Mesothelioma is a notorious and lethal form of cancer whose only known cause is asbestos exposure. During most of the twentieth century millions of workers were exposed to asbestos insulation, fireproofing, or one of thousands of industrial and commercial products that contained asbestos. The resilient fibers that make up asbestos are thrown off of asbestos products that are decaying or worn; they can be inadvertently inhaled by someone in the area who is completely unaware of the experience.
Inhaled asbestos fibers have inflicted hundreds of thousands of people with one of several diseases. Asbestosis is a condition caused by scarring of the inner lung tissue resulting in a loss of breathing capacity. Mesothelioma is a form of cancer that develops in the mesothelium, a membrane that exists in several parts of the body. The outer lining of the lungs (the pleura) is mesothelium tissue; it is also the most common place for mesothelioma to develop. For that reason people often mistake mesothelioma for lung cancer, but technically it is not. Pleural mesothelioma is cancer of the lining of the lungs, often spreading to the similar membrane that lines the chest wall. Finally, asbestos can be a cause of lung cancer. It has been linked in particular to small cell lung cancer, a fast moving form of the disease that is just as lethal as mesothelioma.
Mesothelioma and the Lungs
The sections of the mesothelium that involve the lungs are the visceral pleura, that portion of the membrane that wraps around the lungs to protect them. The parietal pleura is the membrane that lines the chest wall. The space between those two membranes under normal circumstances has a thin film of fluid that lubricates the two surfaces so that the lungs don’t encounter a harsh, dry surface when a person inhales.
Pleural mesothelioma is caused by asbestos fibers that work their way through the wall of the lung, from the interior to the outer lining where they are embedded. Eventually they cause the development of abnormal cells which leads to malignant cells and malignant tissue. The disease exhibits many of the same symptoms as lung cancer: a persistent dry cough, chest pain, chest pressure, shortness of breath, and weakness. In many ways it mimics lung cancer during the symptomatic stage.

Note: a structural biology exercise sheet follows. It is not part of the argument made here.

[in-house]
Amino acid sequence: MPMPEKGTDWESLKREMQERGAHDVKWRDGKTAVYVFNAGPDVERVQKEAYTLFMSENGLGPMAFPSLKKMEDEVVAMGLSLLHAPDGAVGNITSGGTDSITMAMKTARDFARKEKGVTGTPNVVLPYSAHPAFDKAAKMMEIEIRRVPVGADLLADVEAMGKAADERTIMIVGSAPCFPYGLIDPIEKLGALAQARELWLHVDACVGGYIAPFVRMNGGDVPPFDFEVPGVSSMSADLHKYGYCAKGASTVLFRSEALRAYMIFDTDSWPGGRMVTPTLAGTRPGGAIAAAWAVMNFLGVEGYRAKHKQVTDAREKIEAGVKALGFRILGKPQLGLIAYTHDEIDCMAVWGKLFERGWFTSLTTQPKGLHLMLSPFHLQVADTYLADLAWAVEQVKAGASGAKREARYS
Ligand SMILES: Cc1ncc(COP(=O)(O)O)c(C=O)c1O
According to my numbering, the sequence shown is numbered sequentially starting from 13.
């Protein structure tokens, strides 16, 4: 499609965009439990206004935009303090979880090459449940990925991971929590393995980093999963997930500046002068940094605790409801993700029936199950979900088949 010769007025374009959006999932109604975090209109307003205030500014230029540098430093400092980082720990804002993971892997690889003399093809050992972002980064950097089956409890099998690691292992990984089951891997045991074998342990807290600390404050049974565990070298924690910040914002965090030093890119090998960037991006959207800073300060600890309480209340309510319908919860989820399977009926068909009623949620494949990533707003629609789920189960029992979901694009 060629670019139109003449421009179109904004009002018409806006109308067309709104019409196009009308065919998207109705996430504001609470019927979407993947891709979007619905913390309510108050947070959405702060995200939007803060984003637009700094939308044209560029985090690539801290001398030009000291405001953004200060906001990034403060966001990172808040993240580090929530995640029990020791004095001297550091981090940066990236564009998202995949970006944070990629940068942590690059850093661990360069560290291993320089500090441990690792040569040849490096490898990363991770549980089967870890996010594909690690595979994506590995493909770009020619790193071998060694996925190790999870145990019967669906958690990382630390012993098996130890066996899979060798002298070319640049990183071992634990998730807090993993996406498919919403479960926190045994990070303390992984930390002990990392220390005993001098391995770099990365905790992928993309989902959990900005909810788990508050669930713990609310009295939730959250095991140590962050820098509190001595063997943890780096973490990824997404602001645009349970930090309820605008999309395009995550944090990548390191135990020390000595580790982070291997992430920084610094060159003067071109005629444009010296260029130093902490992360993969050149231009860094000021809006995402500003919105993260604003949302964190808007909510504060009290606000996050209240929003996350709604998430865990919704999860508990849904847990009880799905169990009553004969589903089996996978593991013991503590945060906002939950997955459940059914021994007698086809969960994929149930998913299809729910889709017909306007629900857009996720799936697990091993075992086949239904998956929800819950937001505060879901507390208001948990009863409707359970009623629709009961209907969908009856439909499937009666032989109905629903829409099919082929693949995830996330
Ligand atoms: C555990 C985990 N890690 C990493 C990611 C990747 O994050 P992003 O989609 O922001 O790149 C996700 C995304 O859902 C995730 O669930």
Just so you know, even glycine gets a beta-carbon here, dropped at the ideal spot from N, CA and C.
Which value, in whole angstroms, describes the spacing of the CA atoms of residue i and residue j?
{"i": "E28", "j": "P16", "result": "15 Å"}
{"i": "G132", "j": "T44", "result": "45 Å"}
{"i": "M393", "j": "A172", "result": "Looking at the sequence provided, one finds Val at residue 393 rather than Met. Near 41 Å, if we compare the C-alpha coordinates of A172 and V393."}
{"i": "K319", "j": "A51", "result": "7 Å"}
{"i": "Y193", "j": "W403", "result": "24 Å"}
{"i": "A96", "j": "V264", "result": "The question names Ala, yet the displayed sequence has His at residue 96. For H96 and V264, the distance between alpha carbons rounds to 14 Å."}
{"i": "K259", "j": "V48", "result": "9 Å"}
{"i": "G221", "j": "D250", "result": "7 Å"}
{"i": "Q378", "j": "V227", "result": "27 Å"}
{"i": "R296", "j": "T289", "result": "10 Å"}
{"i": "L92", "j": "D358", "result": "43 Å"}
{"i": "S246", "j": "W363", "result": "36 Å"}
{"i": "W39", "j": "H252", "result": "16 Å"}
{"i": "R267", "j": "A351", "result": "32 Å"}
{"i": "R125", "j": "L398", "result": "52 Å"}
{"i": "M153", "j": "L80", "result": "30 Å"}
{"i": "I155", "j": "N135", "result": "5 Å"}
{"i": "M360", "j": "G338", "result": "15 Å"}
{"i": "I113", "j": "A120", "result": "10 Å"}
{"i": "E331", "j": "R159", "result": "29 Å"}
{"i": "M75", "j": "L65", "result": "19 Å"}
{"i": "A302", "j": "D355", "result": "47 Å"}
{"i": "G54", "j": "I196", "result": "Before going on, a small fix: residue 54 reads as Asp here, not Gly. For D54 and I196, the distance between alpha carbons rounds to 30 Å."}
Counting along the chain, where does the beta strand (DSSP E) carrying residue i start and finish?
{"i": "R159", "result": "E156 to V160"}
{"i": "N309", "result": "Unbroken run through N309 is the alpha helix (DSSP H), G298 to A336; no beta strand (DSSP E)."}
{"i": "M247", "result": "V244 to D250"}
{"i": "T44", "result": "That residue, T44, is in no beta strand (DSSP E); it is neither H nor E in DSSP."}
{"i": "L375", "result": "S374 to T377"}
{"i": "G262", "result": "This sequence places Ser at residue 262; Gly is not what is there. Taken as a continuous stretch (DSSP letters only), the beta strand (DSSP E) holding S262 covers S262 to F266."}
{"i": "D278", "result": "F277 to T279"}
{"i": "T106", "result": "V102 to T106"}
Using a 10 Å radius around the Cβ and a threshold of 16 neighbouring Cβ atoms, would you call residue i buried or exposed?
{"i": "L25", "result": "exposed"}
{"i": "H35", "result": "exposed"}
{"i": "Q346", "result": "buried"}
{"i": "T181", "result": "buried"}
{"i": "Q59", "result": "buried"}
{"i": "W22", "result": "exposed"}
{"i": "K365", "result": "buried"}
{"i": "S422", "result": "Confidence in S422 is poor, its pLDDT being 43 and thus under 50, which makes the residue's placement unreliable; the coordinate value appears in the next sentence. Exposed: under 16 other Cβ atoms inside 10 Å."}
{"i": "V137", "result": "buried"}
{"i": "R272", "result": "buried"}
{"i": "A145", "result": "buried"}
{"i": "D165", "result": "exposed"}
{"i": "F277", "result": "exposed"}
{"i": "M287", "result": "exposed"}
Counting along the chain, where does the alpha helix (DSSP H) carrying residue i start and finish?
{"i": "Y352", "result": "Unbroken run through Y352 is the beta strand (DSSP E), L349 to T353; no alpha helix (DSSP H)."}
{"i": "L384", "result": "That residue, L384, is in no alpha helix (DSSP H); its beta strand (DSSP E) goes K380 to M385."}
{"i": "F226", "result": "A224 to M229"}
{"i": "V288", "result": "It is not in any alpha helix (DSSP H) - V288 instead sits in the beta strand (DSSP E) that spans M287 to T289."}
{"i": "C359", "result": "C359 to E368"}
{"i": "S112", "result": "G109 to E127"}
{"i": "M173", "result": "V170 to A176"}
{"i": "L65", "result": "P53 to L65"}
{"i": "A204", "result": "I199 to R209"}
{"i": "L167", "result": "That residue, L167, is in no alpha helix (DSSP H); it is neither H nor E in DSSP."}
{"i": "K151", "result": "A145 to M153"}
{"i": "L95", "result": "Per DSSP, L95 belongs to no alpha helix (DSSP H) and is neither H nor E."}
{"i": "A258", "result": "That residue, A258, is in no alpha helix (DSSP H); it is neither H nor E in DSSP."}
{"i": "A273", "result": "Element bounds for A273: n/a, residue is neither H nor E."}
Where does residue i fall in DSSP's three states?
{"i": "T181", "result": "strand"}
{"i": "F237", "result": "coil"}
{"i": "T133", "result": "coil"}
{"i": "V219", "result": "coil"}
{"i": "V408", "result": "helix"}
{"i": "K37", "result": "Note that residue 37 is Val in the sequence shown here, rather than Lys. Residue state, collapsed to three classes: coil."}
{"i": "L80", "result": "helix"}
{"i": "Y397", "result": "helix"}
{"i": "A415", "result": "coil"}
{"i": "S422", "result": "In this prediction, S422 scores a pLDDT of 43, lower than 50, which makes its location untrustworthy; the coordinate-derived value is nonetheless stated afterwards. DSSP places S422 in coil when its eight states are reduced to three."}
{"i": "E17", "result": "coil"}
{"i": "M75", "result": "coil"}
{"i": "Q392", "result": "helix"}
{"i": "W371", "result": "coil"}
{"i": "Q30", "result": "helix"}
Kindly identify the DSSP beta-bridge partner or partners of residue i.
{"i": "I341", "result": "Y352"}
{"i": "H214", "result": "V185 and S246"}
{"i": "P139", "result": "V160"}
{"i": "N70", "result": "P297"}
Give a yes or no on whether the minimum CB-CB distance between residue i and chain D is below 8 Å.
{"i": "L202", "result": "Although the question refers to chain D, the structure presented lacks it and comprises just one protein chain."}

What is Asbestos Lung Cancer?
Asbestos can cause malignancy on the inner surface of the lungs as well as in the outer lining. Smokers who have been exposed to asbestos are particularly susceptible to asbestos lung cancer; in many of the cases it is small cell lung cancer. However lung cancer exhibits different types of malignant tissue than does mesothelioma. Asbestos lung cancer causes the growth of one or more large tumors, whereas mesothelioma is a diffuse form of cancer made up of many small malignant nodules scattered across an expanse of tissue.
About 15% of all lung cancer cases are small cell lung cancer (SCLC). This form of the disease is as lethal as mesothelioma. It is known for its aggressive, fast moving behavior; most cases of the disease aren’t diagnosed until it reaches an advanced stage. SCLC metastasizes early in development and often doesn’t cause the standard lung cancer symptoms until it is spread throughout the body.
Two forms of Asbestos Cancer
Mesothelioma rises in the outer lining of the lungs, or in a similar membrane in the abdomen or around the heart. It is caused by asbestos fibers that are embedded in that tissue; mesothelioma in the chest cavity is generally a diffuse form of malignancy. Asbestos-caused small cell lung cancer or non-small cell lung cancer cause the larger tumors usually associated with cancer. Asbestos lung cancer is also much more likely to occur in people who not only inhaled asbestos fibers, but have a history of smoking.